“The quality of life between Samoa and Ireland is radically different”
Michael Noonan is from Dún Laoghaire, Co Dublin. He lives in Apia, Samoa, where he works for the United Nations Development Program (UDP) as Environment and Climate Change Support Officer.
“They call us Samoans, Pacific Irish,” a tall, dark Samoan man told me as I scorched my pale Irish skin in the Pacific sun.
I was unaware of this saying at first as I had just completed a mandatory three week quarantine period, but over time I quickly began to see the similarities between Ireland and Samoa.
Since arriving four months ago, I have found Samoans to be friendly, kind, family oriented and very social. It’s also a rugby-mad nation of course.
Up to 98% of Samoa’s population identify as Christian, with Catholic being the dominant denomination.
Besides the strong culture based on values of respect, service and love, it really didn’t take long to convince me to leave Ireland and venture to this remote Pacific island.
I graduated with a Masters in Development Practice from Trinity College Dublin in August 2020. With a combined hit of recession and Covid, postgraduate opportunities in the field of international development were slim and competitive. After a year of applying for various jobs in the environment sector, I finally got an interview with the UN in August 2021 – when I actually had Covid. Fortunately, I was successfully selected as an Environment and Climate Change Support Officer with UNDP.
With a strong interest in the environmental field, I looked forward to living in the Pacific. Along with the seductive “paradise” image of these islands, a bastion of tropical weather, sun, sand and sea, Pacific island nations are also living the harsh realities of climate change. A recently released report by the Intergovernmental Panel on Climate Change (IPCC) highlighted that the Pacific islands produce less than 1% of the world’s total greenhouse gases, but are among the most vulnerable.
Possible future climate scenarios in the Pacific could see the effects of rising sea levels, continued loss of low-lying land, risk of flooding, and damage from cyclone intensity.
Unfortunately, even if you travel halfway around the world, Covid is still following you
Samoa is still recovering from the long-term social and economic impacts of the 2009 tsunami which killed up to 149 people. Also shortly after I arrived here, the Hunga-Tonga Hunga Ha’apai volcanic eruption in the neighboring island nation of Tonga in January had put the entire region on high alert.
Although Samoa was not directly affected, this was my first experience of high alert in the Pacific due to a natural disaster. I reassured my family in Ireland about my safety, but it reminded me that Samoa and the islands there are extremely vulnerable and need a high level of resilience.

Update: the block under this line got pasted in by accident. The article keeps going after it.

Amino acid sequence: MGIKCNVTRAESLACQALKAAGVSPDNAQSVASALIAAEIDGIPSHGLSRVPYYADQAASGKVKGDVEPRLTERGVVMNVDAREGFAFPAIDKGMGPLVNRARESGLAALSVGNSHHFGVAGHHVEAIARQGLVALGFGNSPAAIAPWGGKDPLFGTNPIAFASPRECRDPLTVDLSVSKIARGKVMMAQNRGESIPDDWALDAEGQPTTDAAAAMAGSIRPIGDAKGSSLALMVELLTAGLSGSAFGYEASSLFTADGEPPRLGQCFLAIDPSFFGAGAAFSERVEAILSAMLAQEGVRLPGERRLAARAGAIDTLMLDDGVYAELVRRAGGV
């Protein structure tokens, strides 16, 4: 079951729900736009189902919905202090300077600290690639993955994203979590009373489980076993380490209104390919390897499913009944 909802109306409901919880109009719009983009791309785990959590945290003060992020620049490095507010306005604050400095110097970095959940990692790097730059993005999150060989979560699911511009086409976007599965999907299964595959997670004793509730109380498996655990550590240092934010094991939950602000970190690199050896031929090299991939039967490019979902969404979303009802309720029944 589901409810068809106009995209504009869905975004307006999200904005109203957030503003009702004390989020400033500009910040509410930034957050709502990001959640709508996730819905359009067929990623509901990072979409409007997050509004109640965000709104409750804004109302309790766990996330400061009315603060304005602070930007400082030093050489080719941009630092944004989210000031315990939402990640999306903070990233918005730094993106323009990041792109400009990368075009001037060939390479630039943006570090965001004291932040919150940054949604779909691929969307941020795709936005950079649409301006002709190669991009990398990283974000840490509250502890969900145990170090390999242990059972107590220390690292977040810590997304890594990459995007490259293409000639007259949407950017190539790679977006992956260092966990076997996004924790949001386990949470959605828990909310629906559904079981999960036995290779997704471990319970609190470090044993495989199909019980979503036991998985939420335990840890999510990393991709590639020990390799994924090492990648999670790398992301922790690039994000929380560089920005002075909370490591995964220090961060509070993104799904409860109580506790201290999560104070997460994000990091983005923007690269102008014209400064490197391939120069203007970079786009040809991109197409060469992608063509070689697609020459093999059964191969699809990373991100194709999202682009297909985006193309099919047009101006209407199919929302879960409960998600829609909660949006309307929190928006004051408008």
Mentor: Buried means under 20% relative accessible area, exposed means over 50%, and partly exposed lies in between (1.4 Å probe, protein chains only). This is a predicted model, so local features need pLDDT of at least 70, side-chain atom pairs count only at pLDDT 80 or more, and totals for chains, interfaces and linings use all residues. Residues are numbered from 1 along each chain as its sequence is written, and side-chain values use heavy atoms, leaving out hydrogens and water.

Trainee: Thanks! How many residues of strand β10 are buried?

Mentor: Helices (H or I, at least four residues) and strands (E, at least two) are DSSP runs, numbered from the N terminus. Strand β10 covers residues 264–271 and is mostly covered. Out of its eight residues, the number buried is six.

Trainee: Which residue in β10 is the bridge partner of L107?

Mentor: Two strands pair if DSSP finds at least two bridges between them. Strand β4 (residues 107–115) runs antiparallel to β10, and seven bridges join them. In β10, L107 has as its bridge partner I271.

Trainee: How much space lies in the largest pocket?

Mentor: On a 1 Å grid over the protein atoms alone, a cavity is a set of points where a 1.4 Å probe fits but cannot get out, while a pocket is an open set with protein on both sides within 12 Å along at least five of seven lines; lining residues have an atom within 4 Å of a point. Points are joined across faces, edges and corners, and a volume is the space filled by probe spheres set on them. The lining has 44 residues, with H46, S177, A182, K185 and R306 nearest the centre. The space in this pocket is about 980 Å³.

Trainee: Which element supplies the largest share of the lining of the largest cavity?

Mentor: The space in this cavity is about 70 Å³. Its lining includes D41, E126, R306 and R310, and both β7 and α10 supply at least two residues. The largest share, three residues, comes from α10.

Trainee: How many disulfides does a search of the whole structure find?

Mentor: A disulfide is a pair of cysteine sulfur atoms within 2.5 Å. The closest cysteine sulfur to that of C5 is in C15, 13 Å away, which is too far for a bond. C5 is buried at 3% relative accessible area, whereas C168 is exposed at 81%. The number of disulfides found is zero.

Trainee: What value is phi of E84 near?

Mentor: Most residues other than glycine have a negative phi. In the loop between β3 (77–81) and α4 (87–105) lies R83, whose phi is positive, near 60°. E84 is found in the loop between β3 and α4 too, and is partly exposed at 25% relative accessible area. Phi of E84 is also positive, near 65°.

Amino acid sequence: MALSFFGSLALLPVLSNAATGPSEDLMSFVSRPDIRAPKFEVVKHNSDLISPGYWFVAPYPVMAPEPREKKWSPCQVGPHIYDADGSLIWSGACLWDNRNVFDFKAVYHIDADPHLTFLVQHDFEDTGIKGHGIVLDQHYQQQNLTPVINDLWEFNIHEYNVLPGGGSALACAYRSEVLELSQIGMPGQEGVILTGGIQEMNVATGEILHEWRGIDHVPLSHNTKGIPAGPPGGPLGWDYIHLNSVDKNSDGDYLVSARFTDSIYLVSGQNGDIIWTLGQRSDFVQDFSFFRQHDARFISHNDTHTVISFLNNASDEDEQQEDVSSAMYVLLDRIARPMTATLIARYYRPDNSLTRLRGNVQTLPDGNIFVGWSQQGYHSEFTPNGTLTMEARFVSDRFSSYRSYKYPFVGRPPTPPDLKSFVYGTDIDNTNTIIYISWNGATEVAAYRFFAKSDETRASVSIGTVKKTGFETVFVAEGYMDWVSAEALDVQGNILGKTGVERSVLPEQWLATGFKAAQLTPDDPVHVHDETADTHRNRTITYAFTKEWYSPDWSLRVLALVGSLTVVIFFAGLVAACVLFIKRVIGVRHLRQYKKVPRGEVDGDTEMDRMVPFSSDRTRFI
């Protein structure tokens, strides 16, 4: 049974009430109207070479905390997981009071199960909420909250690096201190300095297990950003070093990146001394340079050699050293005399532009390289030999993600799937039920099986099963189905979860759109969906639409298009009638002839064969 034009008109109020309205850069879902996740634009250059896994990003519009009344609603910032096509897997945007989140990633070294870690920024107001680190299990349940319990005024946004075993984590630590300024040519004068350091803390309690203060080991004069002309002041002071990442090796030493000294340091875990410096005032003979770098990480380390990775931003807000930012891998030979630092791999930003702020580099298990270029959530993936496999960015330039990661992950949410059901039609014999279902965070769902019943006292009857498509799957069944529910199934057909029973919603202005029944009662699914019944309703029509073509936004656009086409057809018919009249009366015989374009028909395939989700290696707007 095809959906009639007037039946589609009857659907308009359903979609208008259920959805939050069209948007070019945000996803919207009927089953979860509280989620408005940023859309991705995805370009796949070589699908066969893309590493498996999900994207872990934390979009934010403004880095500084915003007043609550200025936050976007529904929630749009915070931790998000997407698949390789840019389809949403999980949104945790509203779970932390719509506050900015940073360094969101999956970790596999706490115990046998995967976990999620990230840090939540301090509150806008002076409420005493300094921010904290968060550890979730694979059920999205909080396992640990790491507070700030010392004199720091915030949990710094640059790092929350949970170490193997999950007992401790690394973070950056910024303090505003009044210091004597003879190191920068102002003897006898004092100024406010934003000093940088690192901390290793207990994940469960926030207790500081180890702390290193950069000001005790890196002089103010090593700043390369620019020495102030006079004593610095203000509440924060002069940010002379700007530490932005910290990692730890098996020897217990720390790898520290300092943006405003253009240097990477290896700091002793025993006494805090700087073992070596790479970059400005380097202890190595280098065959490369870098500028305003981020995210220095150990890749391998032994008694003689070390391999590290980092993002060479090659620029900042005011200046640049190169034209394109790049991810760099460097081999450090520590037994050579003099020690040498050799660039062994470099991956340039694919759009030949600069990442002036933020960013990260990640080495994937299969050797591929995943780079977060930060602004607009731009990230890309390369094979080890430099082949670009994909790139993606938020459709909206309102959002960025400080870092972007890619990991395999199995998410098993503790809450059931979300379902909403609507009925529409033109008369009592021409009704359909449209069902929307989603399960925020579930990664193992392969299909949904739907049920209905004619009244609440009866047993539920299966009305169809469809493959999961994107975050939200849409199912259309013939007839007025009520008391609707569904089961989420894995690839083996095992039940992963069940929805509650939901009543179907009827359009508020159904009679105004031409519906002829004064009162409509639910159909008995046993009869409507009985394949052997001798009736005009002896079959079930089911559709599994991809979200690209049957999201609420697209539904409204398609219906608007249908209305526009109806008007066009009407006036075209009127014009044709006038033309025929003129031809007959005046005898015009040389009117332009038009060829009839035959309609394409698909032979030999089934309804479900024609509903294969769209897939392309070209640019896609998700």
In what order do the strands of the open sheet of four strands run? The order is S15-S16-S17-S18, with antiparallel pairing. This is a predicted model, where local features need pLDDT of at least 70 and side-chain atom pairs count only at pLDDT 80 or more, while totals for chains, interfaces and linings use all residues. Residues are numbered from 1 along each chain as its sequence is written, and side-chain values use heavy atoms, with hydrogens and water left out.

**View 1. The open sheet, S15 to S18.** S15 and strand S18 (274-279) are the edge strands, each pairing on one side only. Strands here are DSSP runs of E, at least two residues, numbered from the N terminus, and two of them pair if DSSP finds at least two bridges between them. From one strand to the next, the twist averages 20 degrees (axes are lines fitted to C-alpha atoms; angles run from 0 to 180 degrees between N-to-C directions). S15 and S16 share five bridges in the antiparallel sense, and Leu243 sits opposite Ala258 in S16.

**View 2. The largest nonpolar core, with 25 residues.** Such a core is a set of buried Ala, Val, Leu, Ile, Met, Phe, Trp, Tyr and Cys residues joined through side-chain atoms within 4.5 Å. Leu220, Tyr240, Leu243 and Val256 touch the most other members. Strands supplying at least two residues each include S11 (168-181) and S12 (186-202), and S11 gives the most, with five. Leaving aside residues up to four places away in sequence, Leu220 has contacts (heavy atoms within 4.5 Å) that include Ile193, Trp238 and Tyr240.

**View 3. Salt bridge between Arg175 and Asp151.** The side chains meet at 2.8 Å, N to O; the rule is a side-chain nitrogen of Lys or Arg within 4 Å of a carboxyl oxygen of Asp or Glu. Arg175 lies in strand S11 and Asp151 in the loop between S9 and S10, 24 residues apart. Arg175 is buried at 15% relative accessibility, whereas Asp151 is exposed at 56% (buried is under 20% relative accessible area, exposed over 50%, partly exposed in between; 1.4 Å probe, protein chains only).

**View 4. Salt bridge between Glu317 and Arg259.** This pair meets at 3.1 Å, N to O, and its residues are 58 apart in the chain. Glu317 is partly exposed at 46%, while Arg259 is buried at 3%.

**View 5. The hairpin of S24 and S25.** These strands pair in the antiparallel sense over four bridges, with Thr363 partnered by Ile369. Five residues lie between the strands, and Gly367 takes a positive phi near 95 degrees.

I think for anyone coming to Samoa the initial experience is the ‘honeymoon’ stage as you are surrounded by lush greenery, bright and colorful tropical flowers and palm trees hanging above you . Samoa itself covers an area of around 2,842 km², so a bit large, larger than an Irish county. It includes two large islands, Savaii and Upolu, and eight other smaller islands.
Unlike home, where there are four seasons in the year, in Samoa there are really only two – wet and dry. Or “sweaty” and “not sweaty” to put it bluntly. With temperatures ranging from the mid 20s to 30 degrees some days, a fairly mundane task like going to the shops can make your shirt soaked in sweat and have you trying to drink your body weight in water to compensate for.
Unfortunately, even if you travel halfway around the world, Covid is still following you. After experiencing a terrible outbreak of measles in November 2019, as well as the threat of Covid coming in the early months of 2020, Samoa closed its borders in order to protect its people. Then for two long years Samoa was Covid free, until shortly after I arrived and then the virus snuck into the country.
I couldn’t afford to leave the family home in Ireland because of crazy rental prices, when now I have my own home for the price of a dorm room in Dublin.
So I soon begin to think I was this cursed talisman bringing volcanic eruptions and infectious disease to the South Pacific. Good news, the country has rebounded thanks to the adoption of the vaccine with more than 91% of the population over 18 vaccinated.
The quality of life between Samoa and Ireland is radically different. I couldn’t afford to leave the family home in Ireland because of crazy rental prices, when now I have my own home for the price of a dorm room in Dublin.
All in all, Samoa is a tropical paradise, where the sun soothes your soul in the morning and the sound of crickets sings you to sleep at night.
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